Membrane constructions only withstand tensile stress due to the low compressive and bending rigidity of their surface. This principle is optimized in double curved constructions. In contrast, plane surfaces react sensitively to deformation by external loads. They tend to flutter and create snow and water-traps, which in extreme cases can lead to a failure of the construction. This means that the stabilization of plane areas requires high pre-stressing. The design and draft of tensile constructions follow completely different principles to other supporting structures. The main difference is that the design process of tensile membrane constructions mostly develops self-regulations. This means that either the form of the membrane approaches the so-called “minimum surfaces”, or it is influenced by changing the boundary conditions respectively by inserting additional supporting elements (which can be linear, plane or pointed). This allows the creation of either “anticlastic” saddle shape surfaces or “synclastic” surfaces when using pneumatic internal pressure like a balloon. Supporting media for producing internal pressure can be air, gas, water or other liquids but also granulated materials. A completely freely invented design form therefore must be compelled with the help of additional compression and/or bending-stressed carrying elements.
The minimum surface approach means following physical principles under the condition of similar surface stresses within defined continuous edge elements. The stress demands put on the membrane surface will determine the construction and the patterning of the edges, tension elements and anchors. Whereas soap skin models, for example, were used in the early days of tensile architecture, today computer generated models are applied for accurate dimensioning and automated cutting. The structural analysis must be completely integrated into the architectural design. The geometry of the membrane is established using a shape generation (form finding) technique in order to ensure the static equilibrium of the system.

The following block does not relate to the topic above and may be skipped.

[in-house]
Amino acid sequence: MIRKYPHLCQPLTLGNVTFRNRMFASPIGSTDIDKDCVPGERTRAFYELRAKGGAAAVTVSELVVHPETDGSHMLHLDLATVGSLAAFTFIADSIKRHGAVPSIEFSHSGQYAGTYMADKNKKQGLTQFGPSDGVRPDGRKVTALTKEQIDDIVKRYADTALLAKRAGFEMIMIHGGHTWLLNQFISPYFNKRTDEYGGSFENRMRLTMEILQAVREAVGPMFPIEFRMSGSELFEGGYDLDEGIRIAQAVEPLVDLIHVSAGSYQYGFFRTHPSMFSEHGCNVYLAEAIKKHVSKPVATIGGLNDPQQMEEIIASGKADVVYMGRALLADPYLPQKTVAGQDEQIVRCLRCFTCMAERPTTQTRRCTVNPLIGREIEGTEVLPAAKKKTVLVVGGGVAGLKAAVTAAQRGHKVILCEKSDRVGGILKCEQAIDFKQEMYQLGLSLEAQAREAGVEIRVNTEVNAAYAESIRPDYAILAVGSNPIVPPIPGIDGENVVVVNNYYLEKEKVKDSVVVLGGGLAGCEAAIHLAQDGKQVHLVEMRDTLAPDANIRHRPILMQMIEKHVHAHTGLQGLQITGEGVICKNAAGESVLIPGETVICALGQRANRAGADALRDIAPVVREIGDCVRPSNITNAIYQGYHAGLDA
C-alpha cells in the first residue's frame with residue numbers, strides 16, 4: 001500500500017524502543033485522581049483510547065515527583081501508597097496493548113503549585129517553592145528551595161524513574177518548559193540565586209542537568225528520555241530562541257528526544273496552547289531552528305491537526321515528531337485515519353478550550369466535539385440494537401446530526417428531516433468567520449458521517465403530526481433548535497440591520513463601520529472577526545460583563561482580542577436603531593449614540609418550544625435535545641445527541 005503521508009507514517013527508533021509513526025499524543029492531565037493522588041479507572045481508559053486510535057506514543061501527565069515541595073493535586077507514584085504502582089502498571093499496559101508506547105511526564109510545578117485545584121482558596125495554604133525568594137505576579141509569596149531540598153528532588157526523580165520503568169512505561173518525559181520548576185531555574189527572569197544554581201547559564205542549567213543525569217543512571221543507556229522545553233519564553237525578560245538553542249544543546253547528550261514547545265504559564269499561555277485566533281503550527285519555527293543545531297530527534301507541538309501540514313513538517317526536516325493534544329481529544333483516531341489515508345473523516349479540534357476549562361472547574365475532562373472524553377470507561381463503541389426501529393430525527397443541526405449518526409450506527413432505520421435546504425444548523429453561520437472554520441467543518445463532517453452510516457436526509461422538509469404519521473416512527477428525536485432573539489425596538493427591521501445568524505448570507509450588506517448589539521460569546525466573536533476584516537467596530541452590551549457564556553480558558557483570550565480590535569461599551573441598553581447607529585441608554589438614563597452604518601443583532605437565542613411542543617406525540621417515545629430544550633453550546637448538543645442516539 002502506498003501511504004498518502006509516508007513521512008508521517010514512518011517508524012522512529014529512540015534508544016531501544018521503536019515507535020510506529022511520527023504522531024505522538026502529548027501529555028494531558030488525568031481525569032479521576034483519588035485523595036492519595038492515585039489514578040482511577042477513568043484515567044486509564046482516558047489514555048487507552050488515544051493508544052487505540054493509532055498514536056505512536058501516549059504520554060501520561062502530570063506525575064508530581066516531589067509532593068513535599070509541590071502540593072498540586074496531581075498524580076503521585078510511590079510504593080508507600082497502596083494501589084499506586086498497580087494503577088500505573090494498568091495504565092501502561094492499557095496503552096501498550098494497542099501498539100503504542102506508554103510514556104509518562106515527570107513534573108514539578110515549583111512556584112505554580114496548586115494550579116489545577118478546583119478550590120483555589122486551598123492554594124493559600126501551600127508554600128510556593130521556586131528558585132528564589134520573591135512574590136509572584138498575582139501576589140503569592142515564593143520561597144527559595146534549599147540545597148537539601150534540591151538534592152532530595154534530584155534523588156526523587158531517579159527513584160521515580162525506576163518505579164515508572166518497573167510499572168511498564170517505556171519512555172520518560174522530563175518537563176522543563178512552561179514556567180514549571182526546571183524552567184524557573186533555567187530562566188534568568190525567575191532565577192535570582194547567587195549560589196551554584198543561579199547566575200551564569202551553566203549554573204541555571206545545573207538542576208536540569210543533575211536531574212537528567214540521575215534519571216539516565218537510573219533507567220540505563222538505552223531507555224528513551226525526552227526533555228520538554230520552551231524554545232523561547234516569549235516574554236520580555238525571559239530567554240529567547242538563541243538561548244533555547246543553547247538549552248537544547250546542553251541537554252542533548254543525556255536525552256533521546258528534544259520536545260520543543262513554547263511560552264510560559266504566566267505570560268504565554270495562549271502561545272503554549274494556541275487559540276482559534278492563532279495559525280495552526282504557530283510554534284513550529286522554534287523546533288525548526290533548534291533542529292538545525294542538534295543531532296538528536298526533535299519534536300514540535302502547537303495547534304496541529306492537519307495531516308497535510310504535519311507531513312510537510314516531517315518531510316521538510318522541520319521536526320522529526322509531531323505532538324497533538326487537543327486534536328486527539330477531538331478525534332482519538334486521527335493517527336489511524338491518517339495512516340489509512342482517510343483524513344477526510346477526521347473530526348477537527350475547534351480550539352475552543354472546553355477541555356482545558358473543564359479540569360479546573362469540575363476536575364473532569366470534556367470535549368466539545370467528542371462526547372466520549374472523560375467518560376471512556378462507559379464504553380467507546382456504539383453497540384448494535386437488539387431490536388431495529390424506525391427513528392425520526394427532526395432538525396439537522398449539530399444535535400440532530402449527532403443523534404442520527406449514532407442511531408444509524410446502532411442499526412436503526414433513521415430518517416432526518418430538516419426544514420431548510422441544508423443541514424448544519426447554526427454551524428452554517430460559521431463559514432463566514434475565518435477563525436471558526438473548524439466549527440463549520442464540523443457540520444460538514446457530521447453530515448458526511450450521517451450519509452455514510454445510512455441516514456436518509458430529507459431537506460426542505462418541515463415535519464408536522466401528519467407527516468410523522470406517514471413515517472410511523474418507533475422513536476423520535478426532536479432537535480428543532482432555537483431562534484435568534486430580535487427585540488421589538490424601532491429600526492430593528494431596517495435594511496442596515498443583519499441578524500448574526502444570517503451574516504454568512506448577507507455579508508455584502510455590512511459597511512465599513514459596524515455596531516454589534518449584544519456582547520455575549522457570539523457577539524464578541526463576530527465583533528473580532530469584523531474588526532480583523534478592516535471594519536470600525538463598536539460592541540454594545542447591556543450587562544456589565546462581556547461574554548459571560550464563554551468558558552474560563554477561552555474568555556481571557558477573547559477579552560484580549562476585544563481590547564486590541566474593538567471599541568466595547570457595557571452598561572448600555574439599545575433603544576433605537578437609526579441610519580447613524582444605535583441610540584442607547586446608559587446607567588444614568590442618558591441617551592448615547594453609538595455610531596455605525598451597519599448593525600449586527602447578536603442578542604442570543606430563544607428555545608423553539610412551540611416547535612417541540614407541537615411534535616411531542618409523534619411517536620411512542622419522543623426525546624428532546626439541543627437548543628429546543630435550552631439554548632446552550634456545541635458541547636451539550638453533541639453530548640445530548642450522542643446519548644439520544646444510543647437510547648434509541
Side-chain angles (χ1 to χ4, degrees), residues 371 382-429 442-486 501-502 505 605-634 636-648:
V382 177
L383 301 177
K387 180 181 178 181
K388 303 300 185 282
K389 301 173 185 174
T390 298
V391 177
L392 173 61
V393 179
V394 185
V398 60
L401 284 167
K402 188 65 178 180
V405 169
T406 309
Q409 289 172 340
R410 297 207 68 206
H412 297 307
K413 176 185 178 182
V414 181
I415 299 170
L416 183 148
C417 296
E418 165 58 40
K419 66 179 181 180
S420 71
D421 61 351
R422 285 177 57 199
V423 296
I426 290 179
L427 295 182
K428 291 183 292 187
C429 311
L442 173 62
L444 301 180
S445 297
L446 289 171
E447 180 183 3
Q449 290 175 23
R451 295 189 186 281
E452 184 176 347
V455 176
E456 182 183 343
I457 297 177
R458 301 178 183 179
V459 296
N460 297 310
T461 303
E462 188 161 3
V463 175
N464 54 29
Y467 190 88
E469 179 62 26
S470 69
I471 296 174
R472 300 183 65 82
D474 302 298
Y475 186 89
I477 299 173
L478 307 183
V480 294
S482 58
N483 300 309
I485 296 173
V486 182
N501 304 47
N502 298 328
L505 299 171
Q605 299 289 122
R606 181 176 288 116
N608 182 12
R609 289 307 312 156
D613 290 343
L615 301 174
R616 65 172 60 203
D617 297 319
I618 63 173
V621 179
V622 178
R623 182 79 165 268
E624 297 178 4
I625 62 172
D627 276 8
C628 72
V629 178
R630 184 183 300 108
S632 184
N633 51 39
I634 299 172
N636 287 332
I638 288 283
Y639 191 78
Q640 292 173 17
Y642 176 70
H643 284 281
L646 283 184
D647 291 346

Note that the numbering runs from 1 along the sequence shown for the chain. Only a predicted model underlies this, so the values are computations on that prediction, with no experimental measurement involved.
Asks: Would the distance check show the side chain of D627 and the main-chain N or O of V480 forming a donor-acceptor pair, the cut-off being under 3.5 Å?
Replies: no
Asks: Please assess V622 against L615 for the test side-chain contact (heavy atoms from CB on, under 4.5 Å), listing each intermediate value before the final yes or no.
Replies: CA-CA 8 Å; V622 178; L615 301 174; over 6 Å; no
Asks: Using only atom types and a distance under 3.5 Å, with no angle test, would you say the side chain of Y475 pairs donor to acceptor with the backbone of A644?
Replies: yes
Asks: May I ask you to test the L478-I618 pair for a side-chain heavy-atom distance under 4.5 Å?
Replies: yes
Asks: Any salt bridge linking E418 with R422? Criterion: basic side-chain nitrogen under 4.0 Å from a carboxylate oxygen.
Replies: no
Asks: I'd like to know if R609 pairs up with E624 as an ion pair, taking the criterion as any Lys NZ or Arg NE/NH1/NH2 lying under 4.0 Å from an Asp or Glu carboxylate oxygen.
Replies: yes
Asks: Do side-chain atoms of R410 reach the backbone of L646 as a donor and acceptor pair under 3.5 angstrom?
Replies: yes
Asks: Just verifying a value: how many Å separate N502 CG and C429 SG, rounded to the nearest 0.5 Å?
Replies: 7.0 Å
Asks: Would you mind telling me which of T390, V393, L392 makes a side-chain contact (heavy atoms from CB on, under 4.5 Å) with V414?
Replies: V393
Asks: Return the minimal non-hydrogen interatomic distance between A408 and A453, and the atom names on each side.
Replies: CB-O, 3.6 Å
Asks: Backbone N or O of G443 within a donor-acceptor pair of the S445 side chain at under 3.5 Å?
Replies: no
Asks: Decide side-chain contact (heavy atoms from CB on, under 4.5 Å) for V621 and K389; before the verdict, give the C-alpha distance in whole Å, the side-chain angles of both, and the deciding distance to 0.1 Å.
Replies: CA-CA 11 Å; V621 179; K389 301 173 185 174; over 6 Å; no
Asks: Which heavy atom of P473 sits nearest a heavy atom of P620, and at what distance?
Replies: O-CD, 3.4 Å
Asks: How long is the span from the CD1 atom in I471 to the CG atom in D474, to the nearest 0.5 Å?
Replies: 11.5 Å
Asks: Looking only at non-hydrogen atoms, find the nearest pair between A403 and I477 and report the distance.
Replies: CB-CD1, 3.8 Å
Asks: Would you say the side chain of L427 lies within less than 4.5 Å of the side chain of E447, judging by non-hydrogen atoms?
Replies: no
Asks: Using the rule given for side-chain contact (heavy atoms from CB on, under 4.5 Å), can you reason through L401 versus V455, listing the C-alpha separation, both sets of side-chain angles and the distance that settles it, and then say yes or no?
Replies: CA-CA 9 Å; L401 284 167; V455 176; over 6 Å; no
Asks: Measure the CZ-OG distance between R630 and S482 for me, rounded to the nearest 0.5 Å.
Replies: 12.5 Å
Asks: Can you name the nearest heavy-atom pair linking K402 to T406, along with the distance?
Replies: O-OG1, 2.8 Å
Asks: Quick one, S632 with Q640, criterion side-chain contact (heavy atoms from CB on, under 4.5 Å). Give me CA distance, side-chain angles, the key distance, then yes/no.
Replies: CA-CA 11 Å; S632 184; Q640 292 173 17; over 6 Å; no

First of all, a shape generation technique must be used to establish the natural equilibrium shape. The equilibrium shape is the geometric configuration which induces a static equilibrium with its own internal pre-stress forces. Having a stable configuration, the structure is analyzed under various load cases using finite-element analysis software. These programs permit the inclusion of tension-only membrane elements, as well as cables, struts and beam elements in a three-dimensional computer model resulting in rapid, accurate analysis and sizing.
Each batch of fabric is tested in a biaxial (both direction) mode, to measure the stretch in both thread directions at load ratios derived from the form generation computer model. These figures are then used as “compensation percentages” that are factored into the patterning software. The fabric is deliberately manufactured undersize so that it tensions out correctly when installed to its final dimensions. MEHGIES® vario-stretched material properties have been perfected to meet the engineers’ requirement in reacting to force distortions generated by orthogonal loads.
The construction design has also developed over time, using more advanced materials and construction methods to produce larger and more diverse structures such as the European Championship Stadium in Posen, Poland. Modern fabric materials in modern architecture can shape space, enabling architects to sculpt 3-dimensional areas in a manner that is not possible with any other type of material. This kind of architecture offers much more: the designer is able to play with light and use it to naturally illuminate the space, soften it, fuse it, sharpen it or shape it. This creates a mood and ambiance to reflect the architectural intention, resulting in an energy saving covering system while approaching the elementary need to be in touch with nature. The dynamic shapes and forms of membranes allow new possibilities in stimulating the architect's imagination.